Tomorrow Never Dies Review

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For Brosnan's second outing as Bond, he takes on a media mogul set on world domination.


Carry On, the UK's only comparable long-running franchise, ran out of steam when history overtook it. This has never been a problem for the Bond series, which started out ahead of the century. Ever since Dr. No, they've been full of computers and microtechnology, and, give or take the odd outbreak of peace, the threat of World War III hasn't gone away in 35 years. So how do you update the series for the late 1990s? Easy. You dial "M" for Murdoch and make your villain a media mogul.

In the 18th re-run of a most enduring formula, Elliot Carver (Pryce), the head of Carver Media Global Network, plans to kick-start hostilities between Britain and China in order to land an exclusive scoop for his media empire, including a new satellite TV network and the tabloid Tomorrow. "Words are the new weapons! Satellites the new artillery!" he rants, writing splash headlines mere seconds after his own stealth ship in the South China Sea has sunk a British warship. "There is," he chuckles insanely, "no news like bad news."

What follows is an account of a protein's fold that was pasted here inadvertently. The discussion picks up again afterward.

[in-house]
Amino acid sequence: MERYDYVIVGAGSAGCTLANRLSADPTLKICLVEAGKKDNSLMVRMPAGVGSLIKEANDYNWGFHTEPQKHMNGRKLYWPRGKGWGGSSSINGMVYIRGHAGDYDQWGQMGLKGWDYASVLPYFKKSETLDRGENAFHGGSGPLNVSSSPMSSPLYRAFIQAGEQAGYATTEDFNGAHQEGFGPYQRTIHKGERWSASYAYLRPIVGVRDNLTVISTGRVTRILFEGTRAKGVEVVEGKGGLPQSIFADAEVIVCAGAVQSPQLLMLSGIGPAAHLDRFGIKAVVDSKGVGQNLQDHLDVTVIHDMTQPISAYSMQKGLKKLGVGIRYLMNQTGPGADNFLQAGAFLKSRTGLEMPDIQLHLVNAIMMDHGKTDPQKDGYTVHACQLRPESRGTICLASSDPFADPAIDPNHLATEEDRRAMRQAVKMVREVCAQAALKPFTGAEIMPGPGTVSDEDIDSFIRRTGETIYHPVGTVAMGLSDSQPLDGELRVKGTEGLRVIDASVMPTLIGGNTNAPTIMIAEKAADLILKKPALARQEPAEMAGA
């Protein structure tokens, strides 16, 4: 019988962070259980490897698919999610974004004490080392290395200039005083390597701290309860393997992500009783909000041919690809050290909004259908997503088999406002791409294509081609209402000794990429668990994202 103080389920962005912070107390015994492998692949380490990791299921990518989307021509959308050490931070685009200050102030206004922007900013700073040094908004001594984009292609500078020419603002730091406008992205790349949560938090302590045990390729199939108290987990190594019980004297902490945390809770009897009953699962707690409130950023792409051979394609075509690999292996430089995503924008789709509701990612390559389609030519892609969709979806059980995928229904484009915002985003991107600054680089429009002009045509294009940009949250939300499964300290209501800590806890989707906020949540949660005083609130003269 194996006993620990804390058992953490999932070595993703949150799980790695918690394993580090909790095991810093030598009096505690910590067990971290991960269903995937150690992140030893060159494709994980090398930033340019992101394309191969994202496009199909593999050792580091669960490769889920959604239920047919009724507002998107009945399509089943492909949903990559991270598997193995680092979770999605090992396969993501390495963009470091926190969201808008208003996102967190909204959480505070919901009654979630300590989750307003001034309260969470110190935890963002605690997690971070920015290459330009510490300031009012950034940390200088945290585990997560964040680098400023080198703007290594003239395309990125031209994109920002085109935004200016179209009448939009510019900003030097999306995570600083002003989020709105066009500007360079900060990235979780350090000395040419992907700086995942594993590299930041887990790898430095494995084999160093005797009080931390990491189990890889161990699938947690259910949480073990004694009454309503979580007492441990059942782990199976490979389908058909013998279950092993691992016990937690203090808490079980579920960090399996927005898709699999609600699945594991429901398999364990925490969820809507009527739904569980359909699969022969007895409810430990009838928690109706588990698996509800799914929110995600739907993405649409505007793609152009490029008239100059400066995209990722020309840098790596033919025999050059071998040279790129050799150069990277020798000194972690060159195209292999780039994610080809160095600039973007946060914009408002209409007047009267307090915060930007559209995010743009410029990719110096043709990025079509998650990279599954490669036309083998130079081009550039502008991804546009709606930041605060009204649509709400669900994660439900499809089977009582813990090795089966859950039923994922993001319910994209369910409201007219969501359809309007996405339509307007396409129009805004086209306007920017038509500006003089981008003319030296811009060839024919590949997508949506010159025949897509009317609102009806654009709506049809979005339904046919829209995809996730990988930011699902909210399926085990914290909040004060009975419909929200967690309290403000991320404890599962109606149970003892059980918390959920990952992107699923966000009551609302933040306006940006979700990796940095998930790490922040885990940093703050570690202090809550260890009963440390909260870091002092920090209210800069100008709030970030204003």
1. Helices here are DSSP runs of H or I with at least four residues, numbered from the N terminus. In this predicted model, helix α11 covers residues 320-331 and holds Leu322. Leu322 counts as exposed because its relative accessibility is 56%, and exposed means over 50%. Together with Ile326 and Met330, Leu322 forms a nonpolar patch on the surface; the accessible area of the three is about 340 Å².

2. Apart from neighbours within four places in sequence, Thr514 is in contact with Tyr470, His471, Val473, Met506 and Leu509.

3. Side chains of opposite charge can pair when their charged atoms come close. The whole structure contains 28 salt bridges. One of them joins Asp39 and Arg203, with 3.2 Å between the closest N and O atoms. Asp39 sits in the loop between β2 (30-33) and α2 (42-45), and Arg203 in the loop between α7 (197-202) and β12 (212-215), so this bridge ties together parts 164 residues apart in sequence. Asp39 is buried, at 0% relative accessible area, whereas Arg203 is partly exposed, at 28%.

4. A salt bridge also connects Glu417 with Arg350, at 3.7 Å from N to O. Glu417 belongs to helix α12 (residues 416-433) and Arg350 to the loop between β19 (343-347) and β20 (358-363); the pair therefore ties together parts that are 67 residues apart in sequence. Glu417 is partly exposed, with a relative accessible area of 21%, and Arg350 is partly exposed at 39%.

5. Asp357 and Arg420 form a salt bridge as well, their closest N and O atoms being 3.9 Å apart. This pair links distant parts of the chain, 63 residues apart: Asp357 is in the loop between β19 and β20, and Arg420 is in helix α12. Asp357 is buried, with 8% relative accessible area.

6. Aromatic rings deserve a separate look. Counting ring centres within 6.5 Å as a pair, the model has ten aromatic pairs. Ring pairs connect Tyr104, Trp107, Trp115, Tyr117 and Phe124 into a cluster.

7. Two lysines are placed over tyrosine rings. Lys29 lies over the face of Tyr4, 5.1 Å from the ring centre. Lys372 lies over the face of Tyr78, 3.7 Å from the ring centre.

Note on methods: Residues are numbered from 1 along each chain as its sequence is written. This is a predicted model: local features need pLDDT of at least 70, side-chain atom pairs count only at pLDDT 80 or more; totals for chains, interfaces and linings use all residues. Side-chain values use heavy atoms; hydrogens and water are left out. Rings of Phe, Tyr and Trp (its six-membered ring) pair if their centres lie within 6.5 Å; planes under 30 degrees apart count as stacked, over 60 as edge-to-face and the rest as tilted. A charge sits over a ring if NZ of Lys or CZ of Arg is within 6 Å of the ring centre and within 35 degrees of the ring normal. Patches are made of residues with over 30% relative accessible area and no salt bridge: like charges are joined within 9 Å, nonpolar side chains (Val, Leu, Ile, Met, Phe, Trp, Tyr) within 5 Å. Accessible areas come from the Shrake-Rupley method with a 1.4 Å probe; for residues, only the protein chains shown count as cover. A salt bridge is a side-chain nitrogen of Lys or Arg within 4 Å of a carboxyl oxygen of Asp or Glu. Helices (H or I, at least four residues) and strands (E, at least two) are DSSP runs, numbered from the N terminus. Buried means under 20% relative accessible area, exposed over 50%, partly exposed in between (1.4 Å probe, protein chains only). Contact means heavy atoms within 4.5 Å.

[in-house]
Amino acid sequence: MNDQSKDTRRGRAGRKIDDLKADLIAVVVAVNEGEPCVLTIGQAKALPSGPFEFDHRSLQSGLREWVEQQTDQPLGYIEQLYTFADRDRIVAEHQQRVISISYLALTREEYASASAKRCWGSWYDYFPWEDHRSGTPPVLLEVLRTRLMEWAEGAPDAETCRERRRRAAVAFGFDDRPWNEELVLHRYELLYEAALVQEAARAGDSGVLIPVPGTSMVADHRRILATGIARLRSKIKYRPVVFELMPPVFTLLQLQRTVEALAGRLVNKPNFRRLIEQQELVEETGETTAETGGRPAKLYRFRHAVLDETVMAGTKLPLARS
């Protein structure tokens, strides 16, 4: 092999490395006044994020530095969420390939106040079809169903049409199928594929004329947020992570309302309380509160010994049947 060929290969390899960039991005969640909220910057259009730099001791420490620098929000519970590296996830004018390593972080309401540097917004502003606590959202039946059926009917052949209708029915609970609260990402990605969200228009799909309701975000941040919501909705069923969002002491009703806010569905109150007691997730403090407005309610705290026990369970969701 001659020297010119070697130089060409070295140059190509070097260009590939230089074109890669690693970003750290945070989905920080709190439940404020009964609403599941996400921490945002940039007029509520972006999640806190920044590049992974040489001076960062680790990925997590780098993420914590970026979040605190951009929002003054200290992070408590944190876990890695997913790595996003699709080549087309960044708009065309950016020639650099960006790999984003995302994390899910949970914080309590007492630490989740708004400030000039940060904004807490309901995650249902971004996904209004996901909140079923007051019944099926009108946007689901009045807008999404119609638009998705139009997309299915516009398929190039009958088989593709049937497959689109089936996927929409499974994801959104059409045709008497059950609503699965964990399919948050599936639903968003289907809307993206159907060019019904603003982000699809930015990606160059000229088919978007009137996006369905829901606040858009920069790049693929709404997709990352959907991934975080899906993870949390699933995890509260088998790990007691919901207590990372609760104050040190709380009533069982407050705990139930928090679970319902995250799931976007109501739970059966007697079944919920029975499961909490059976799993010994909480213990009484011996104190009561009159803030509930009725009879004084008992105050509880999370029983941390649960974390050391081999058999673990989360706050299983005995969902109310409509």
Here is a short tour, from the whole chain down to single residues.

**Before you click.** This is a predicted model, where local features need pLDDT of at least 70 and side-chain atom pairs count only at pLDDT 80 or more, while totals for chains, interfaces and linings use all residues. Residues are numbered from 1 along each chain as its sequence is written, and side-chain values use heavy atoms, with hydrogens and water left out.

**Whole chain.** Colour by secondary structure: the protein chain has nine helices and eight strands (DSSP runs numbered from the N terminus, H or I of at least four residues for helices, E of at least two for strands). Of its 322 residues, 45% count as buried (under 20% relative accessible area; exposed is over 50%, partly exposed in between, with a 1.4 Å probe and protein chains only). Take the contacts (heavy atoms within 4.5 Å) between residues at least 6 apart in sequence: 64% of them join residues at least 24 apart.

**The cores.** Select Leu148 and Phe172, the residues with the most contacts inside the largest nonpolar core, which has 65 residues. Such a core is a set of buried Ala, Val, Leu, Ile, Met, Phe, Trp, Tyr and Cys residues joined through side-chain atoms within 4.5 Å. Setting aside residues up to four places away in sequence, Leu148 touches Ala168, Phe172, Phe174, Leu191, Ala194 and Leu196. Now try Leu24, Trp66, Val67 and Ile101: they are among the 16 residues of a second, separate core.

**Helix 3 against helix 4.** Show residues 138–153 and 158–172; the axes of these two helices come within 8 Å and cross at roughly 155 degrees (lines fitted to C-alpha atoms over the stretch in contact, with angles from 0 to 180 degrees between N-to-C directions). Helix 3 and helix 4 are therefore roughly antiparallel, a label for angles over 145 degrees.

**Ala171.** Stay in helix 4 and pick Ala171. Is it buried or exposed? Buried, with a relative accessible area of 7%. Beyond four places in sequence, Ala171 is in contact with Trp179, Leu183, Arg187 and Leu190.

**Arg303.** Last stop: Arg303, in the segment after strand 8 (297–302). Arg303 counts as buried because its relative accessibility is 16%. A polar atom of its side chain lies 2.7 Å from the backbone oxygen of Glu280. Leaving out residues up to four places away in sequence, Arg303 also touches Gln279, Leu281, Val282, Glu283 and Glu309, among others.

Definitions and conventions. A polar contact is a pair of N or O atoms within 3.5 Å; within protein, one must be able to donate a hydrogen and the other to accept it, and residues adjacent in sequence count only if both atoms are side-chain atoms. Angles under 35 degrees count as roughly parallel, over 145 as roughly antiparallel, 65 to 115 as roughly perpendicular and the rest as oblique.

Enter Commander Bond (Brosnan), whose mission is to save the world from World War III in only 48 hours, with a multi-million budget and in travelogue locations: Hamburg, Saigon and the South China Seas (he's already done a "terrorist's supermarket" high in the Russian mountains for the pre-credit sequence). Never mind New Labour, this is Old Bond: we first see him in bed with his language teacher as the script, by Bruce Feirstein, goes into innuendo overdrive ("I'm brushing up on a little Danish . . . I enjoy exploring a new tongue"). The scene is thus set for holiday brochure cat-and-mouse which, next to Con Air and the Die Hards, is medium octane but no less entertaining for it. And at least it dresses for dinner.

Carver lectures Bond that the public don't care what, when or where, just why. As far as Bond films go, it's simply a case of how. How will he get off that high building? How will he foil the henchmen with sledgehammers and get out of the underground car park? (Well, remember all the features of his new BMW 750 which Q went through at the start? It'll probably involve one or two of those). And so on.

After a ropey patch, Bond is categorically back. Goldeneye took $350 million and minted Pierce Brosnan as The Spy Whom We Loved. He looks tip-top in this (his hair withstands getting shaken and stirred) - less Connery, more Moore, with whom he shares a talent for dry delivery of post-mortem puns. If Pryce is a little subtle, Judi Dench's M compensates with a relish you could spread on toast. Fast, funny, very British and less militaristic than, say, The Peacemaker. On this evidence, we may be forced to say, Carry on, Bond.

Brosnan continues his succes in the iconic role, while Spottiswoode creates a fast and thrilling addition to the franchise.